Also, with many employers looking at MC and RC as one big topic, seeing what’s going on in the RC market seems to create even more questions. Are the licensed suppliers and prescribers credible? Could supply shortages impact MC? Maybe all the unknowns lead to health care spending accounts (HCSAs) as a common approach to coverage; it’s easy with low risk.

GSC's MC Experience to Date

Limited coverage

  • As you may recall, in 2018 as guided by the scientific evidence, GSC began offering a standalone MC product to plan members age 25 and older (as a last resort treatment option) to treat any one of these medical conditions: chronic neuropathic pain, spasticity due to multiple sclerosis, and nausea and vomiting due to cancer chemotherapy.
  • In addition, recognizing how the scientific evidence has evolved, as of October 7, 2020, GSC now also offers MC coverage for dependents age two and older to treat two forms of severe childhood seizures: Dravet syndrome and Lennox-Gastaut syndrome. Coverage is limited to a CBD product only (i.e., no THC which produces a euphoric or “high” effect), and ideally, it is covered via a HCSA.
  • Low uptake. Although plan sponsors offering MC are diverse in terms of size, industry, and plan design, they have one thing in common: given the limited indications, very few of their plan members are accessing MC coverage.
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What about costs?

The cost of MC is another area of confusion that is not without its share of controversy. For instance, cannabis “street prices” are typically significantly lower than with licensed sellers.18 In fact, due to steep price increases in the legal cannabis market, some MC users are resorting to the illegal market to make it affordable to get the treatment they need.19

However, rising cost is just one of many challenges motivating some MC users to turn to the illegal market. Challenges like waiting for a doctor’s approval and prescription and getting prior authorization. Interestingly, statistics from the federal government’s 2019 cannabis survey indicate that many are accessing MC without documentation: 73% of study respondents who reported cannabis use for medical purposes did not have a document from a health care professional.20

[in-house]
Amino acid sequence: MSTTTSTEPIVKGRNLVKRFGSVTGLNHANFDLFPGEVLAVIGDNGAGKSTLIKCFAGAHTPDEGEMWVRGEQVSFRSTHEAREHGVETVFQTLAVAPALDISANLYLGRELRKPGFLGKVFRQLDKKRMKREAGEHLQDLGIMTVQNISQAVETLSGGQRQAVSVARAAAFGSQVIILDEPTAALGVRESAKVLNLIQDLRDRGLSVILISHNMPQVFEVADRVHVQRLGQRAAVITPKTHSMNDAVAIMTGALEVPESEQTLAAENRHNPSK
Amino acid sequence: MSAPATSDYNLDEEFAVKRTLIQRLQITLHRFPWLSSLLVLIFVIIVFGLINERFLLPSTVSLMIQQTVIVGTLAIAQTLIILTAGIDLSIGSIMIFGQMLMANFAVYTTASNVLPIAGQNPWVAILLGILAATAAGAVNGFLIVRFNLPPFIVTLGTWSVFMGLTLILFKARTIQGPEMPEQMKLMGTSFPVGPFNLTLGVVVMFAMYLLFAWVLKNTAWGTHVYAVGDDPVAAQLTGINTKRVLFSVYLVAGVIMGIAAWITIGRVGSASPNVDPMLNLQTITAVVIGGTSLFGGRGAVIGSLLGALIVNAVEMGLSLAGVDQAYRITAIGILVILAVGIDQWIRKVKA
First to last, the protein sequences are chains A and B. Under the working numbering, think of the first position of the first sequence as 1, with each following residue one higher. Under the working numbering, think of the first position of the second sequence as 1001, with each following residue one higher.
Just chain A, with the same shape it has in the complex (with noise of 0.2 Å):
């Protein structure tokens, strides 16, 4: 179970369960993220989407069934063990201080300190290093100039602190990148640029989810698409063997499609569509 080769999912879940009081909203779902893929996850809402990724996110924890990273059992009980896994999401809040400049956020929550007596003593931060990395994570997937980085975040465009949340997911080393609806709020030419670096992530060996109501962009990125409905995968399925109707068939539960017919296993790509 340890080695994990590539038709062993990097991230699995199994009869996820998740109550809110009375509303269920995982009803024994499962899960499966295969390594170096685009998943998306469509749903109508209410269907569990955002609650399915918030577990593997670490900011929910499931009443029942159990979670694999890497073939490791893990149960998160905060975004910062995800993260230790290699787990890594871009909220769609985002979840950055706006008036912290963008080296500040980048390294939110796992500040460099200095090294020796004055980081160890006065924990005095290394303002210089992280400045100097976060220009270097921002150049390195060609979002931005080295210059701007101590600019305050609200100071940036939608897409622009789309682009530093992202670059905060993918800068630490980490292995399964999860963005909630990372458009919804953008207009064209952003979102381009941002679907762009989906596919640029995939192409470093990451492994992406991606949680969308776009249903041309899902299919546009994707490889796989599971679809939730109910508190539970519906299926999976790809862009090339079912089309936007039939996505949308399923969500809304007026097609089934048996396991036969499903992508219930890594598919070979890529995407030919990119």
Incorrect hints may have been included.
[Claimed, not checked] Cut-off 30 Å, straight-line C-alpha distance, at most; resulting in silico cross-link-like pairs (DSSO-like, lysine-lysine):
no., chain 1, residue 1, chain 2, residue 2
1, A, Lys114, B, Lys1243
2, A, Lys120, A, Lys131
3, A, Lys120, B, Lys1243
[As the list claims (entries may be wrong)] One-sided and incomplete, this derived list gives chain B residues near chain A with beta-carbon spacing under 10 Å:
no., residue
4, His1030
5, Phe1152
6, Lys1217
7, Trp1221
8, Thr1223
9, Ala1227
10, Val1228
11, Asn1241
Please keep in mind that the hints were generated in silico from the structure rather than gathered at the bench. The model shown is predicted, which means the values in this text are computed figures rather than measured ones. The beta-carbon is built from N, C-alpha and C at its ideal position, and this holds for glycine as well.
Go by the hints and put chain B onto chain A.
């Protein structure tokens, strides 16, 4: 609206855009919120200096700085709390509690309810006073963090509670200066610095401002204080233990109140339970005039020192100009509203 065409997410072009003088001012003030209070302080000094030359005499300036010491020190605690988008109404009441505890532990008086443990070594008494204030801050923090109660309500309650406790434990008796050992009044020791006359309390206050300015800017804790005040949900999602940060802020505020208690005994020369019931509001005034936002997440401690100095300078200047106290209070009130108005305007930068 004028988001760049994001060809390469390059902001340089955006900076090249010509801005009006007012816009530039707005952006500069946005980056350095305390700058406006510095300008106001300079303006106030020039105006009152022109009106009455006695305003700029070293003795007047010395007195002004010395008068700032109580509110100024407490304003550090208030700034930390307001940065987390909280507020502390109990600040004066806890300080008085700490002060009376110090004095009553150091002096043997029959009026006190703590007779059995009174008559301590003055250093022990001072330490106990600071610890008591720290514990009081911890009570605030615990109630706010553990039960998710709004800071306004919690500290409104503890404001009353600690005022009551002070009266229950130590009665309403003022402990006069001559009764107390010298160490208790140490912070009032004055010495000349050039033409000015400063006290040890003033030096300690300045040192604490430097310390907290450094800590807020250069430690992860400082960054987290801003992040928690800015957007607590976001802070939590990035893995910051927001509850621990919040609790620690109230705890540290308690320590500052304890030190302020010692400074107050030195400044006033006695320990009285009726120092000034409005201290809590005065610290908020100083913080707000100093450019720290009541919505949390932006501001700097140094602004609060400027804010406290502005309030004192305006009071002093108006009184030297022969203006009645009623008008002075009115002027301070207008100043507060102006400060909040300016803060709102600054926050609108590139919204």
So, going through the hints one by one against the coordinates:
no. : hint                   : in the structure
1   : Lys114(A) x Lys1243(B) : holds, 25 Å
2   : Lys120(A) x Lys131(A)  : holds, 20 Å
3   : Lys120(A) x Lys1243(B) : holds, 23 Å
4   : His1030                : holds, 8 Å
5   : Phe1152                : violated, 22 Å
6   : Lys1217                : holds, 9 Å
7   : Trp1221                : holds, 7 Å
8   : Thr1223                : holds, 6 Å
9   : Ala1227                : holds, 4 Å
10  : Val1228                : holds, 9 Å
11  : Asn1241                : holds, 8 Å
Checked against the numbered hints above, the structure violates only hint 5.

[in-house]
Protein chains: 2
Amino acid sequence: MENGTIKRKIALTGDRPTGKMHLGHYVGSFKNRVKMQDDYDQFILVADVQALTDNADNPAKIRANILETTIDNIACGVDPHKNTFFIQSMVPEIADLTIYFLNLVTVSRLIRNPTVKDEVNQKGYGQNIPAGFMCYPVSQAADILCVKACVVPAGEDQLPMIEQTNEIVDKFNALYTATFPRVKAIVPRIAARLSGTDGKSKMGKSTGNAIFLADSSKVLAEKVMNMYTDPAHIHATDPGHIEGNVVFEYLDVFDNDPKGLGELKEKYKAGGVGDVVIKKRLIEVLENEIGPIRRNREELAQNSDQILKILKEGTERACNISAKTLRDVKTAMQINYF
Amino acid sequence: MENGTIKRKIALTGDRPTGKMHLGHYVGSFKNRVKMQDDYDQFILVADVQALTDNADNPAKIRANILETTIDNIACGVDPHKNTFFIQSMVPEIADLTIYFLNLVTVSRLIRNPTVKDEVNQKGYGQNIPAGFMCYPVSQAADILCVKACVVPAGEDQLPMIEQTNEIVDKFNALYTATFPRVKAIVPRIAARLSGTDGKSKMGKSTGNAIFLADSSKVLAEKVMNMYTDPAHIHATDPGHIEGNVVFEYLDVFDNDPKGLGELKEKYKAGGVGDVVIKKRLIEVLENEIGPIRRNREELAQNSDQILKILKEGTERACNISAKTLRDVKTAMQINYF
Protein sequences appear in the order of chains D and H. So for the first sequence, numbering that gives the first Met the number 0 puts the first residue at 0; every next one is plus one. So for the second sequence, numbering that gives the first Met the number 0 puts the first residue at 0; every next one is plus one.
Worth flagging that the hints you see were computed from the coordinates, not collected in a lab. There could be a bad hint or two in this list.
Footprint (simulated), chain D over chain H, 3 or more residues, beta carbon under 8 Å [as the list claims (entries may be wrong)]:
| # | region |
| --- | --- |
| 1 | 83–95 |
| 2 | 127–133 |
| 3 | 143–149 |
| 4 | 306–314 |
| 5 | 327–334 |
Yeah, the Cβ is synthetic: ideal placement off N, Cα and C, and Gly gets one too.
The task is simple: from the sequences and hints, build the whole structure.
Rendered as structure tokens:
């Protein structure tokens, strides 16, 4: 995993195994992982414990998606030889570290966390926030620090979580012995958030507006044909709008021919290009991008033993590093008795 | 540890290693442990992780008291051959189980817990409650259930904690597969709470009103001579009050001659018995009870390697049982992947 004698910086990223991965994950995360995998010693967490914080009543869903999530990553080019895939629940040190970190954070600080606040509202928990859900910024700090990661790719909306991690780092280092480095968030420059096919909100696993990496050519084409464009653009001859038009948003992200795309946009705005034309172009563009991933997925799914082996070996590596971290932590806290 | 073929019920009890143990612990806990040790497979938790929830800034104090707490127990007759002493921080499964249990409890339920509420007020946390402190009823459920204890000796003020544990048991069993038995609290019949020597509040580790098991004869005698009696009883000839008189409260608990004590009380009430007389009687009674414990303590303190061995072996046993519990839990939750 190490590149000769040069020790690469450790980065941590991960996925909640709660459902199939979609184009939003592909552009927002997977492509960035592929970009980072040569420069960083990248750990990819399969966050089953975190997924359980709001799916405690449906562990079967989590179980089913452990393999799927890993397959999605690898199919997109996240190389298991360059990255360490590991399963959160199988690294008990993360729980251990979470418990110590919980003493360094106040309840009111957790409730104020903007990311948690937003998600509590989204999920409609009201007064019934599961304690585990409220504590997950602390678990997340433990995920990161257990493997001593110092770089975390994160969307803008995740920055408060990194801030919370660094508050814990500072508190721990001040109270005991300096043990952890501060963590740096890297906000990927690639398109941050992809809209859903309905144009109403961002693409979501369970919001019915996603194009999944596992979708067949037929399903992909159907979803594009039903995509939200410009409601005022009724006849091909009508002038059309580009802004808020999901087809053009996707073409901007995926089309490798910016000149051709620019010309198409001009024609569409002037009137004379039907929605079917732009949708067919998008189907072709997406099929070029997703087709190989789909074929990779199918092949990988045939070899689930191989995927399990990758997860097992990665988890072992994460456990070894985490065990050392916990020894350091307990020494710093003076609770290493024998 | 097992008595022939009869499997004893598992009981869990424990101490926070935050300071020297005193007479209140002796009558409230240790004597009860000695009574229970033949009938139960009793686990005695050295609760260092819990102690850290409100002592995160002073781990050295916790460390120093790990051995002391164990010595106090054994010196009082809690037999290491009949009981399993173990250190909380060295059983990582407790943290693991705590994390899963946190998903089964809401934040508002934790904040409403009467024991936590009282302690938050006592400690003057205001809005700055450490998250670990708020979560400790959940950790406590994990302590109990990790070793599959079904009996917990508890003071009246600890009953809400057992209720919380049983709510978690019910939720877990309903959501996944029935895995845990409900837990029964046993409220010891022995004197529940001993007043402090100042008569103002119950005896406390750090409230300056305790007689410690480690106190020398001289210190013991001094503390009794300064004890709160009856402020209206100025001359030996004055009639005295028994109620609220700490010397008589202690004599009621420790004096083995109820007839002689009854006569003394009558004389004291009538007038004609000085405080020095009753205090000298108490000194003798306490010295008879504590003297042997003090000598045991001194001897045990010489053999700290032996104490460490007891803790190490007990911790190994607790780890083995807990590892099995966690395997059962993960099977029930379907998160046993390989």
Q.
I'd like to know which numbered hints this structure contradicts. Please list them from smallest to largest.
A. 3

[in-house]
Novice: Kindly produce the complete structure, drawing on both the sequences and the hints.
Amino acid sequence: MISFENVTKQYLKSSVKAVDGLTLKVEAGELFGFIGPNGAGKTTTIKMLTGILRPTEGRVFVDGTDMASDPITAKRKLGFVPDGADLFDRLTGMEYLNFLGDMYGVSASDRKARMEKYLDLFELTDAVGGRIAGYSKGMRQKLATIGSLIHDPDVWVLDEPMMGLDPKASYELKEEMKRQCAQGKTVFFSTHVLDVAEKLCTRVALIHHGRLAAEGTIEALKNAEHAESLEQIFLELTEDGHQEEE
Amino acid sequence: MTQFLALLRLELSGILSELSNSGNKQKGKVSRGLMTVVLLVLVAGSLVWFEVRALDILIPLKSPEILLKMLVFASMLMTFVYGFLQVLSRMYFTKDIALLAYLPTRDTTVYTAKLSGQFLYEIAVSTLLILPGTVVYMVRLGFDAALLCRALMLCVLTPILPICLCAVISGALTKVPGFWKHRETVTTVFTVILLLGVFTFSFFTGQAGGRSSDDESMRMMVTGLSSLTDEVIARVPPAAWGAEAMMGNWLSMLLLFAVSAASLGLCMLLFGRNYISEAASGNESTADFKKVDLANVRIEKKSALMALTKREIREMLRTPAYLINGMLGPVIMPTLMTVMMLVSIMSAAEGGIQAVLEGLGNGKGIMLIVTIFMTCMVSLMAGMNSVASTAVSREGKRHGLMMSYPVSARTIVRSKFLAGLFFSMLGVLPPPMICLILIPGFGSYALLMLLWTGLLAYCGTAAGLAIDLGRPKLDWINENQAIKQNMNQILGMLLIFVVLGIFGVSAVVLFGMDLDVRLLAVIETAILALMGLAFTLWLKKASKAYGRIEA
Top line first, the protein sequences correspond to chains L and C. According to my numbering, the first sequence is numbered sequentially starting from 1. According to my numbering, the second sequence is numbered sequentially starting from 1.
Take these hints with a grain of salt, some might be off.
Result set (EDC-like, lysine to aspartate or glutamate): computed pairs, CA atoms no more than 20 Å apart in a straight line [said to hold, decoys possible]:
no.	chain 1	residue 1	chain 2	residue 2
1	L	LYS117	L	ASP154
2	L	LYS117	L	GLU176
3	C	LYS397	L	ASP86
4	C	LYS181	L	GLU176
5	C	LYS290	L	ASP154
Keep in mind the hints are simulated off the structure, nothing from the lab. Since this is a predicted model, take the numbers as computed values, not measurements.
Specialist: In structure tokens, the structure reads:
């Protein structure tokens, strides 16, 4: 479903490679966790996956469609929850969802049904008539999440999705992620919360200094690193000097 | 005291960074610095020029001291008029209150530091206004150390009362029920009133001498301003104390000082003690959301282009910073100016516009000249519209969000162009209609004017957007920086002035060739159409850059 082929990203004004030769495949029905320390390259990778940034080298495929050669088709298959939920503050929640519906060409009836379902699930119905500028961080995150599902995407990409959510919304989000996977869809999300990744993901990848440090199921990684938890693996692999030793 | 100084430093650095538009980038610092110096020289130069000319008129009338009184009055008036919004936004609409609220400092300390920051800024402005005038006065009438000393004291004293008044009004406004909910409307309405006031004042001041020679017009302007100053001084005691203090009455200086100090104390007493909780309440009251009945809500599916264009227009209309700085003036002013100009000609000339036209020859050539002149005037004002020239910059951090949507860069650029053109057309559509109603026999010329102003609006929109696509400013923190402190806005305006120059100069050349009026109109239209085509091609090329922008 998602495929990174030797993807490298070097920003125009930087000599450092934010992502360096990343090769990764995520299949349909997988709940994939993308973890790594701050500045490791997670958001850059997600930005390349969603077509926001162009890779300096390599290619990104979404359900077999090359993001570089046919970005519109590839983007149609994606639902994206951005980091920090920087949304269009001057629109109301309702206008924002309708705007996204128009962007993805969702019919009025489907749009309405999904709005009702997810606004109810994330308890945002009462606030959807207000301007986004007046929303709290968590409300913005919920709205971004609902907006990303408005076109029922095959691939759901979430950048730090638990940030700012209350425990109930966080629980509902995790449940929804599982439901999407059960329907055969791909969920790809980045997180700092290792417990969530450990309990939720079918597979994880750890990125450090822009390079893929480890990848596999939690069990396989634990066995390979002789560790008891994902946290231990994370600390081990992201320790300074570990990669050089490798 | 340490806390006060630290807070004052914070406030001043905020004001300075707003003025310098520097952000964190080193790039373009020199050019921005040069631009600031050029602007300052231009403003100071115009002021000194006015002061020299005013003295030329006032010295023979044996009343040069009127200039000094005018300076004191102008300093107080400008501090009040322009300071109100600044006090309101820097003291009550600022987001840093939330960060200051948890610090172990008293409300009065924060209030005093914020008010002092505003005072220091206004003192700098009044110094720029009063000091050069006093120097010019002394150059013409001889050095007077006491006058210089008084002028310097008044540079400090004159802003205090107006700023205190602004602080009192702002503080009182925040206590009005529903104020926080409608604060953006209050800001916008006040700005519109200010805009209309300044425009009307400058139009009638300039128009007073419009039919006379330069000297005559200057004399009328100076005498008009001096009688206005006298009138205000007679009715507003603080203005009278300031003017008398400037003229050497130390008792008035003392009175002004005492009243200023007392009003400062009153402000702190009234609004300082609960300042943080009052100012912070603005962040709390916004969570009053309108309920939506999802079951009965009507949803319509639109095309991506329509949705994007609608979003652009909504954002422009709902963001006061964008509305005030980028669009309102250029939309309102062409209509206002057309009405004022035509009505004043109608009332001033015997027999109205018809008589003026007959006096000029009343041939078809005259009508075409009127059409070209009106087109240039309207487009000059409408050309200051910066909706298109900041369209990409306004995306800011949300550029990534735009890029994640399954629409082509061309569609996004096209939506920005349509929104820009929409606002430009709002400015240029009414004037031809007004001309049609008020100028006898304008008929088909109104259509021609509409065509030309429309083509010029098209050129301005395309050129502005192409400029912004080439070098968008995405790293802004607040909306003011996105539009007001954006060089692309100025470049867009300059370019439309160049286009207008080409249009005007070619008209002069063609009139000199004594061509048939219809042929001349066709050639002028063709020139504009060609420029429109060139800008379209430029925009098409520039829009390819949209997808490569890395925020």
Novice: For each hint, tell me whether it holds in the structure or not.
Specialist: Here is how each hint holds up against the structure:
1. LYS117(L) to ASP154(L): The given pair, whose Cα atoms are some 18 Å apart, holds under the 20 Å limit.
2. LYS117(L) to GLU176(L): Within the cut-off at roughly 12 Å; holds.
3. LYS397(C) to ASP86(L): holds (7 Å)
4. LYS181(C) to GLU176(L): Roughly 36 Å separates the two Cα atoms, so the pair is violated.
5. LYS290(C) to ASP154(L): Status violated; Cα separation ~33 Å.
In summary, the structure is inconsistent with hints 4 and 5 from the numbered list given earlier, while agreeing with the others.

Another cost issue is that although MC users must order MC online from licensed dispensaries, some licensed sellers no longer carry lower-cost strains. As a result, some MC users are seeing their prescriptions double in cost as they switch to higher-cost alternatives.21

And then there are sales and excise taxes. When the federal government legalized RC, it introduced an excise tax on MC. Cost estimates in 2019 include that sales and excise taxes in some provinces increased the cost of MC by up to 25%.22 An underlying theme to these advocacy efforts is—as the Arthritis Society outlines in its 2018 medical cannabis position paper—that MC should be treated the same as other federally regulated medications in Canada and, therefore, be free from taxation.23

Accordingly, the Arthritis Society and the Canadian Pharmacists Association have been lobbying the federal government to lift the excise tax and to have MC dispensed only at pharmacies—just like other prescription drugs.24 But the cost controversy continues with reports of “Canada’s haul from cannabis tax,” and during the COVID-19 pandemic, the Canadian Chamber of Commerce’s National Cannabis Working Group was lobbying the federal government to temporarily waive the tax for part of 2020.25

Until these issues are resolved, they will impact the cost plan members pay for MC. And what about plan sponsors? Although they may not currently consider MC a high cost benefit because it is only covered for a narrow set of conditions, what if down the road MC is proven effective for a broader range of conditions? If MC goes from limited coverage and low uptake to broader coverage and higher uptake, costs will follow suit in an upward direction.

Also, although it’s a nice thought that cannabis might replace other more expensive treatments, opinions vary on the potential of cost shifting (if any). In fact, other avenues of inquiry include that, instead of offsetting costs, MC could end up supplementing existing treatments and accordingly, add more costs. If nothing else, these cost issues reveal MC is still very much a hot topic in certain circles.

The MC flop: Growing pains or has MC as a health benefit totally gone up in smoke?

Maybe the low adoption of MC as a health benefit all comes down to risk. Uncertainty about improving health outcomes… and about side-effects… and about potential impact on workplace health and safety… and about cost burden… and on it goes. Does too much risk equal low uptake? Although we hate to admit it, as an industry, some might describe us as a rather conservative bunch.